Time to check in on stock valuations. After providing our assessment of stock market fundamentals, sentiment, and technical conditions over the past few weeks, this week we turn to the last piece of our investment process: valuations. Here we will make the case that stock valuations are reasonable, despite above-average price-to-earnings (PE) ratios.
The U.S. economy grew at 2.3% in the first quarter, better than the consensus estimate of 2.0%, but a slowdown from the near 3% growth of the prior three quarters. Persistent problems with seasonal adjustment of first quarter data and a lull in consumer activity after some spending was pulled forward in the fourth quarter, likely due to post-hurricane recovery and anticipated tax gains, all weighed on first quarter growth. We continue to expect U.S. growth to accelerate over the rest of the year as these temporary factors roll off, with a strong job market, fiscal stimulus, and global demand providing potential support for consumer and business spending.
The latest edition of the Federal Reserve’s (Fed) Beige Book, released Wednesday, April 18, 2018, sustained a positive view of the U.S. economy. The Beige Book is a qualitative assessment of the domestic economy and each of the 12 Fed districts individually. The report is prepared eight times per year, ahead of each Federal Open Market Committee (FOMC) meeting — the next of which is set to take place May 1 – 2, 2018. We believe the Beige Book is best interpreted by measuring how key words change over time. The qualitative inputs for the April 2018 Beige Book were collected in the weeks prior to April 9, 2018.
There are several market myths related to certain market indicators which have the tendency to distract investors from what really matters in assessing market opportunities. We believe the overall fundamental backdrop is currently quite positive thanks to solid economic growth and strong corporate earnings trends, while market sentiment and technicals continue to suggest future equity strength. This week we will bust some common market myths.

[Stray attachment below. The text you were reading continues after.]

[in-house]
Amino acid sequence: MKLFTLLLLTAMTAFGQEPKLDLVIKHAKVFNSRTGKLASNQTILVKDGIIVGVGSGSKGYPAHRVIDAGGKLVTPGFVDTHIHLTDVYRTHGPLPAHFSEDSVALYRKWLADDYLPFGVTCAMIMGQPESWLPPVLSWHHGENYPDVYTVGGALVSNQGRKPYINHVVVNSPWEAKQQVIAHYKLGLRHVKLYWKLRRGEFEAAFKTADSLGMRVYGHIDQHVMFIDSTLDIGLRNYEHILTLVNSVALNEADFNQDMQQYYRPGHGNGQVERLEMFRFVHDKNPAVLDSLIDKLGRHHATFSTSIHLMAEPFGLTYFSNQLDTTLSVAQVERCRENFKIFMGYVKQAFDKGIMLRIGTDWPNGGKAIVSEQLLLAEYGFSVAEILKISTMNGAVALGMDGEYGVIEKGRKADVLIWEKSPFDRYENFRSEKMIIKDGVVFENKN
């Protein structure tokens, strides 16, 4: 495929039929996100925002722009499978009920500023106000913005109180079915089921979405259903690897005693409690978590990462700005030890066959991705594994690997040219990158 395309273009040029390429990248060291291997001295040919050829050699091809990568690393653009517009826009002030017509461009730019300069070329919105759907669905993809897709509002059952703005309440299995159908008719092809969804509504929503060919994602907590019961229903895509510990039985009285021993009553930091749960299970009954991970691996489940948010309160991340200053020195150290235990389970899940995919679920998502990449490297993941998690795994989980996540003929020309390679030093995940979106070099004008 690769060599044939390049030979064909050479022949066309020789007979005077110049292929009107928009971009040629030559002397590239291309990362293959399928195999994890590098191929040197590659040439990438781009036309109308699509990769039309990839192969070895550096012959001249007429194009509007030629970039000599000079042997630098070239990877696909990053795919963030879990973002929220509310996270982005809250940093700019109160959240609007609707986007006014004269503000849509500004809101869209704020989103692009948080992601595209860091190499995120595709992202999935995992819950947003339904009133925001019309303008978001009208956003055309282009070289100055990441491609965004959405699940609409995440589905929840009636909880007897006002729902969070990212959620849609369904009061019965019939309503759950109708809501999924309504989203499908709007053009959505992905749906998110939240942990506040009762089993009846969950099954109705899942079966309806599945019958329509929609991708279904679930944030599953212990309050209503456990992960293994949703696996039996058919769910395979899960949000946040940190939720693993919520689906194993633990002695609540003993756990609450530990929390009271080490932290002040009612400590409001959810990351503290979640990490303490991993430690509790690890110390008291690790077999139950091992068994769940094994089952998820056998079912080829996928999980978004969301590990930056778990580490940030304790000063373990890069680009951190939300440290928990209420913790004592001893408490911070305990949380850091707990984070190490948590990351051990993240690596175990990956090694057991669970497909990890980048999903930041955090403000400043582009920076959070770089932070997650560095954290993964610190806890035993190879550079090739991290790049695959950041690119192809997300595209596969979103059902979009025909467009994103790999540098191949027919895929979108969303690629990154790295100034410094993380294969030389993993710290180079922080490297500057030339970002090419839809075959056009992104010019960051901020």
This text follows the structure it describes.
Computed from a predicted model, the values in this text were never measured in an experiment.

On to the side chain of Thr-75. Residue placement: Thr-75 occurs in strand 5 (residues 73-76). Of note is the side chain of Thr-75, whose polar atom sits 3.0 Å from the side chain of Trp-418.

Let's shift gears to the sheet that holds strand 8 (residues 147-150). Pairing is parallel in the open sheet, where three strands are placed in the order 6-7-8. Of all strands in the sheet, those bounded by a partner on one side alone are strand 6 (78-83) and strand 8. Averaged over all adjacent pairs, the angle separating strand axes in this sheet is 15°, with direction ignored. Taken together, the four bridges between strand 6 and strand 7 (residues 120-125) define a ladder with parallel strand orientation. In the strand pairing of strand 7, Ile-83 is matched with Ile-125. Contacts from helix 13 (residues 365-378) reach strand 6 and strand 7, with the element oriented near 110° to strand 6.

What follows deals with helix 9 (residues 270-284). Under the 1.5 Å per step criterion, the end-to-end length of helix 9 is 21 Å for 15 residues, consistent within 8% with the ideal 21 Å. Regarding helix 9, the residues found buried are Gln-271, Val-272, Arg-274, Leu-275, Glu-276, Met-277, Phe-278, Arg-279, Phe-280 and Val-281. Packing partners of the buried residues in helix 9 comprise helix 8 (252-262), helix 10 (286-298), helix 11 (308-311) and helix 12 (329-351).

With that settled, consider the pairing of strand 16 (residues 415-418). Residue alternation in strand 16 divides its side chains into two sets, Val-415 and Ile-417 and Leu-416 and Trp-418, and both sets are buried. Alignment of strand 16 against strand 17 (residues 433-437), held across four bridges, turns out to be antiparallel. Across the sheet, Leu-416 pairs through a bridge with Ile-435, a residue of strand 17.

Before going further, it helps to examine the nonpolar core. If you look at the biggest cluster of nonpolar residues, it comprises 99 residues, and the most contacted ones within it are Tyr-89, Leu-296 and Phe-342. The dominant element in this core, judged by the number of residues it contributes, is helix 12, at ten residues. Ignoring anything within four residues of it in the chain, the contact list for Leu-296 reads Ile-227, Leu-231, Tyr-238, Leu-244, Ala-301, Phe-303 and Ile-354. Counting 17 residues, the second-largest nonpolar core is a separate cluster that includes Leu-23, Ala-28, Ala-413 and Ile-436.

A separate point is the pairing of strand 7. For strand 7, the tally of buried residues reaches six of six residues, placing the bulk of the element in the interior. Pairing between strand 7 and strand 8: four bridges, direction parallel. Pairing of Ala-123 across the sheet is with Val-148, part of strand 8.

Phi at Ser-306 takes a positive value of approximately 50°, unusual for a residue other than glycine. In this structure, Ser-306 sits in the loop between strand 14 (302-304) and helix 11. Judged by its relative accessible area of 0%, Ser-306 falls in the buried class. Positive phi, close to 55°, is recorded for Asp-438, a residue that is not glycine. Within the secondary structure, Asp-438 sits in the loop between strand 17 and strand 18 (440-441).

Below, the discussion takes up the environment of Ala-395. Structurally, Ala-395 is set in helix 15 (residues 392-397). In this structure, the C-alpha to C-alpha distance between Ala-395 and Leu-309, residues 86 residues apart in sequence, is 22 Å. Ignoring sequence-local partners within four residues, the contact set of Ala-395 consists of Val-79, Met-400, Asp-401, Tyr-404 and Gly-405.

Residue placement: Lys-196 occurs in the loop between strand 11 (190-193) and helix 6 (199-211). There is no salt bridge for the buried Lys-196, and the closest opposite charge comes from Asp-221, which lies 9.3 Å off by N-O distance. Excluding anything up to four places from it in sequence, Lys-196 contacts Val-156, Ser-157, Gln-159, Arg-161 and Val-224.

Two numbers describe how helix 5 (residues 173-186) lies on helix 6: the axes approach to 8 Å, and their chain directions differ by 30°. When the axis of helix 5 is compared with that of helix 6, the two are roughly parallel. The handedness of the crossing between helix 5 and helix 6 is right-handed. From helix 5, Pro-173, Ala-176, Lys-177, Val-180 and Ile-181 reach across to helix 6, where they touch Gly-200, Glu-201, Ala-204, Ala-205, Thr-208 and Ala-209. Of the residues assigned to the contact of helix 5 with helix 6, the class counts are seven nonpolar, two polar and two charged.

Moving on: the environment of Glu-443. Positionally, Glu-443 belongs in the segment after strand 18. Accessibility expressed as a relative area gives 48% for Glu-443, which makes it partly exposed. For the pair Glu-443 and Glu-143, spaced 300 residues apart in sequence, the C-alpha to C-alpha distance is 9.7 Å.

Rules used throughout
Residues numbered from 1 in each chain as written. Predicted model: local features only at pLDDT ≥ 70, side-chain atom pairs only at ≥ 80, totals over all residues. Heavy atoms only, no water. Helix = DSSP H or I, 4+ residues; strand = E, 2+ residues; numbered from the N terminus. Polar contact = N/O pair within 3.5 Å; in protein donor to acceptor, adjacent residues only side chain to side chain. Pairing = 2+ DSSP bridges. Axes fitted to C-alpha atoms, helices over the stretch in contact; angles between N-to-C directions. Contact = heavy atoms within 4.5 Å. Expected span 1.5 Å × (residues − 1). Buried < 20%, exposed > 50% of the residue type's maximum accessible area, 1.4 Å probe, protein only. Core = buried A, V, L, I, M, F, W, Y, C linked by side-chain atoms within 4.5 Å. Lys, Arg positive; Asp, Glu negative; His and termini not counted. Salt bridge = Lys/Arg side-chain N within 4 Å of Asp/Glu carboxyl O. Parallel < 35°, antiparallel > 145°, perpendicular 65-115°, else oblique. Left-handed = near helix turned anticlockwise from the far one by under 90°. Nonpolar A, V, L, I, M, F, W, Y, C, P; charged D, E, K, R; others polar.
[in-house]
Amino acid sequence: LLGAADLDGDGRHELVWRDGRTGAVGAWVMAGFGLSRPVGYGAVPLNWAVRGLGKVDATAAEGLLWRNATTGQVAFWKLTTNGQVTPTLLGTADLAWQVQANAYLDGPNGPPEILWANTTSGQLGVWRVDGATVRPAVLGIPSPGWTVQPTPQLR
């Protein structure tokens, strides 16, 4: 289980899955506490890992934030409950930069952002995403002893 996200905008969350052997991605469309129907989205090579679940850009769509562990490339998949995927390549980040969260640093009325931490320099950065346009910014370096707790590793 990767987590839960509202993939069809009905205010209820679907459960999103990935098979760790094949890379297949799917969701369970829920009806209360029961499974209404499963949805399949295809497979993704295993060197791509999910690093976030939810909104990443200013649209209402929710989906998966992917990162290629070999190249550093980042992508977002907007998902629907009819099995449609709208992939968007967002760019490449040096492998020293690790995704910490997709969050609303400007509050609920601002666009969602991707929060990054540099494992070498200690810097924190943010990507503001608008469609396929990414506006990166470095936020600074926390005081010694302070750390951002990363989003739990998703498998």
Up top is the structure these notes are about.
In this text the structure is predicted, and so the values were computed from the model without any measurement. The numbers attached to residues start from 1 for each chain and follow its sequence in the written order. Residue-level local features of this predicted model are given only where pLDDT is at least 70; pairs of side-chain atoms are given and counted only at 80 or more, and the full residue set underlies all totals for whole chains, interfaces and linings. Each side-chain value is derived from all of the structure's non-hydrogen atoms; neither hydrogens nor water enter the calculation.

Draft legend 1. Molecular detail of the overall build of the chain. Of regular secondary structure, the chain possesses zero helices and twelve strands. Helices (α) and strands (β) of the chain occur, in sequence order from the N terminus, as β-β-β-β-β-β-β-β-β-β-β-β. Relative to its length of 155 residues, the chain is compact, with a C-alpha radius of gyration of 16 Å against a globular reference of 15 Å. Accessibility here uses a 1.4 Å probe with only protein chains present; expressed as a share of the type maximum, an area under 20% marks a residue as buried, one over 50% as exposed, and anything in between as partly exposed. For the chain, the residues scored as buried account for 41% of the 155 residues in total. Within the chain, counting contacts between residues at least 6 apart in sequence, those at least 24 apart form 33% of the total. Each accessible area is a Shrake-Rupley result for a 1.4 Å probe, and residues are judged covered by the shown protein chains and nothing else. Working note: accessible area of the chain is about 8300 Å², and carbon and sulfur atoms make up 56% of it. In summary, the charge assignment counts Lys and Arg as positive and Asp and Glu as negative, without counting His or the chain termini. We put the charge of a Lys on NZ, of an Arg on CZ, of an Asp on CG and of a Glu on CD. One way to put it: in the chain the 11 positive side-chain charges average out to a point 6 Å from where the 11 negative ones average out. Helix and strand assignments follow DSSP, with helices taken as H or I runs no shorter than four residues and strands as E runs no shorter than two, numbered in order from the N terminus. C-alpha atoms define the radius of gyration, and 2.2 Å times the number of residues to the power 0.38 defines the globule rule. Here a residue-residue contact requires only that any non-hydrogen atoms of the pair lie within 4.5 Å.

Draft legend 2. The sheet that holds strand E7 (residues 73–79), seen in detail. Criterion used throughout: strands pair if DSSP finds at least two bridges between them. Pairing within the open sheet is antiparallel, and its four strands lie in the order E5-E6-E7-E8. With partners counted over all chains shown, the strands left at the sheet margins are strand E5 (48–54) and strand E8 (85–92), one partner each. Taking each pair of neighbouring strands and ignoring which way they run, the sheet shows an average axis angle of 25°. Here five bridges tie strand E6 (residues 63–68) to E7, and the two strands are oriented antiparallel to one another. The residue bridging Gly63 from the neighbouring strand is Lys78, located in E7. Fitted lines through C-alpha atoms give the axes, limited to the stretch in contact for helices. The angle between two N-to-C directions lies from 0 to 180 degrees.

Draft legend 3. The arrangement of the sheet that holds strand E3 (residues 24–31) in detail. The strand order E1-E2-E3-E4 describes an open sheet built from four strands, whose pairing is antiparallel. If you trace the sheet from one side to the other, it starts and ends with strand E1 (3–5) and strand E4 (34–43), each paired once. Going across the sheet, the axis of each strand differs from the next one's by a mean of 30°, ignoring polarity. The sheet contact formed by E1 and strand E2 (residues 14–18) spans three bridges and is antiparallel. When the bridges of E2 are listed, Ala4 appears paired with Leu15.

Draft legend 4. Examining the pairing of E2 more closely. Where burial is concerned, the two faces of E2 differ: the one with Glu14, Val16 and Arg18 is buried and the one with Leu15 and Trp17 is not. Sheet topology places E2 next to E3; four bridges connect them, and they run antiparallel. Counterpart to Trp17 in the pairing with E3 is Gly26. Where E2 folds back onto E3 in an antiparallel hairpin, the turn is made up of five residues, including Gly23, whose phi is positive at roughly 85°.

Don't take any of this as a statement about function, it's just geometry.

Producer and consumer prices moved higher in March, but both remain manageable. Inflation has been a major topic for financial markets in 2018, with concerns initially sparked by a January wage growth number that exceeded expectations. Wage growth cooled somewhat in February and March, though it currently stands at 2.7% year over year, which remains toward the top of its post-financial crisis range. While faster wage growth is a good thing for workers, wages are one of the largest expenses for employers; and a strong move higher could lead companies to pass higher wage expenses on to consumers, potentially fueling inflation and causing the Federal Reserve (Fed) to become more aggressive with rate hikes. However, this domino effect hasn’t happened so far. The latest readings for the Producer Price Index (PPI) and the Consumer Price Index (CPI) were released last week, and both moved higher, but remain at manageable levels. Perhaps more importantly for the Fed, core personal consumption expenditures (PCE) — the Fed’s preferred inflation measure — remained well below the Fed’s 2% target in February. March data (which will be released on April 30), would need to move significantly higher to even approach the Fed’s 2% target [Figure 1].